20 November, 2020
The pandemic has been hard…but not equally so for everyone.
Last week, Deutsche Bank released a report suggesting that companies who continue to allow employees to work from home permanently, when the rules do not mandate it, should be subject to an additional tax based on employees’ wages. Deutsche argue that remote workers are both saving more and contributing less whilst still reaping the benefits of public infrastructure and services. This tax could then fund small grants to low income workers who still go out to work, and are incurring the costs associated, such as commuting.
It’s an interesting idea that made us reflect more broadly about the ‘winners’ of the pandemic. We’ve seen an unequal distribution of the pandemic’s impact on businesses, which has raised questions that strike to the very core of business integrity and responsibility. What should businesses do if they have received financial assistance aimed at those who are suffering when they themselves aren’t? And what should they do if their profits have risen, as others have had their wiped out? To us, a responsible business would voluntarily find ways to openly acknowledge where they are on the line of fortune and make reasonable adjustments around it. We have seen some take this challenge head-on already, such as Ikea who promised to repay salaries subsidised by governments during the first lockdown.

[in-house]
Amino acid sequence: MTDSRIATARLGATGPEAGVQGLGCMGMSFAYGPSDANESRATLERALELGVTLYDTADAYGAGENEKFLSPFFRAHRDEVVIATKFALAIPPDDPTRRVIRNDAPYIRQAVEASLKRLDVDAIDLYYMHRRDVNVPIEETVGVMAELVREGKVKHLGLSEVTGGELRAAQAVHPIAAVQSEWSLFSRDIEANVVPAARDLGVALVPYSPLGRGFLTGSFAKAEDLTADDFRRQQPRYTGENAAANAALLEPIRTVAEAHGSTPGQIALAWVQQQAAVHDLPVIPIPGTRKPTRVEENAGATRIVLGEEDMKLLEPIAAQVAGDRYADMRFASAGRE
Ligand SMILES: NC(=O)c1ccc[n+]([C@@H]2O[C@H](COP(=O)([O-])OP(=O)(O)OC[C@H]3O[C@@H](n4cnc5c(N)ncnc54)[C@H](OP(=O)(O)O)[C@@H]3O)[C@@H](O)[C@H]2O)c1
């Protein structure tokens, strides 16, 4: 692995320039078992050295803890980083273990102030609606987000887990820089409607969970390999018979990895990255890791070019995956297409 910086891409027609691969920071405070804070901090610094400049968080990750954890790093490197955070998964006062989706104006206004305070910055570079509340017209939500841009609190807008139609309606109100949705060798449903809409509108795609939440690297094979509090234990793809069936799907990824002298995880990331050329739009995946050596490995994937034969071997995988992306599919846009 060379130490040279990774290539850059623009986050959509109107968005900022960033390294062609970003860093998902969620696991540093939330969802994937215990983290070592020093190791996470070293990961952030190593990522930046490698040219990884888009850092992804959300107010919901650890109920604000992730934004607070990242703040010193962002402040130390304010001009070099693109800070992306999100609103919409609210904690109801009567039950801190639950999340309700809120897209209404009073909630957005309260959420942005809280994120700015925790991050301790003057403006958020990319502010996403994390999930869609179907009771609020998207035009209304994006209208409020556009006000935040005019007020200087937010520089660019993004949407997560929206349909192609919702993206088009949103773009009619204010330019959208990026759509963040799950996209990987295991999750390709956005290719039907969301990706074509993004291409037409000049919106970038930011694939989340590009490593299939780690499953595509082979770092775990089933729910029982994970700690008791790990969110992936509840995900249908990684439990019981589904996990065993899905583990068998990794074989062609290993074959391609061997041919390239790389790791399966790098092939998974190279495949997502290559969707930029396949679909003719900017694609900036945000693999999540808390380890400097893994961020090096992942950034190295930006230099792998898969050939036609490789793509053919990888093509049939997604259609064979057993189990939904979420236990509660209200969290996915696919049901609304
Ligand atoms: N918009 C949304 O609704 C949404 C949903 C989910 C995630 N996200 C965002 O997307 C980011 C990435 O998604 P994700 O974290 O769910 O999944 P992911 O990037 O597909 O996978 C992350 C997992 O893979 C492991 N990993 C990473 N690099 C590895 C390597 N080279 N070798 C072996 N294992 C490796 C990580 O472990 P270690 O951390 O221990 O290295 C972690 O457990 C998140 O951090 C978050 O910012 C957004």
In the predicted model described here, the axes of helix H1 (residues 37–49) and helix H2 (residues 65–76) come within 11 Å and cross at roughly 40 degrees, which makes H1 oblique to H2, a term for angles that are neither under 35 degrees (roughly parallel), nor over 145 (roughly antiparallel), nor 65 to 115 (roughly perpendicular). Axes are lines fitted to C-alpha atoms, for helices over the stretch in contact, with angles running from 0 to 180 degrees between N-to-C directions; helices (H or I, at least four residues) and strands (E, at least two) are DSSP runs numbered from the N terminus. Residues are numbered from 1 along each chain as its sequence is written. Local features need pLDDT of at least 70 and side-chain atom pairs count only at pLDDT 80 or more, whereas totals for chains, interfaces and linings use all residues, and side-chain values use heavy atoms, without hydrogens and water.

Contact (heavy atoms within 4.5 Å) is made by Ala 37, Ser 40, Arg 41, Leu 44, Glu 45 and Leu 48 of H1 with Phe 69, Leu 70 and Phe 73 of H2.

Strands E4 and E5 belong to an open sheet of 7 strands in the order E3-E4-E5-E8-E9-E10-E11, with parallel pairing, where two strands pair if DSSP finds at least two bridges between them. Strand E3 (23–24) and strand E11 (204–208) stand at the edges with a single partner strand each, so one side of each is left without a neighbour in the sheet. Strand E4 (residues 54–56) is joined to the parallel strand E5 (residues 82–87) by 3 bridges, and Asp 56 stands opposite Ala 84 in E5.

Many businesses will not, and it’s likely that regulation will be the answer, whether in the form of windfall or homeworker taxes, or some other mechanism. The Resolution Foundation, amongst others, have suggested this could be based on excess profits, to help rebalance the economy and support those that have suffered the most. Others have proposed a carbon tax on those excess profits to accelerate a ‘green’ recovery and prevent the impacts of the pandemic exacerbating the climate crisis.
If businesses miss this window of opportunity, the decision on how to respond will be taken away from them, along with the advantages it bestows.
By Jennie Mitchell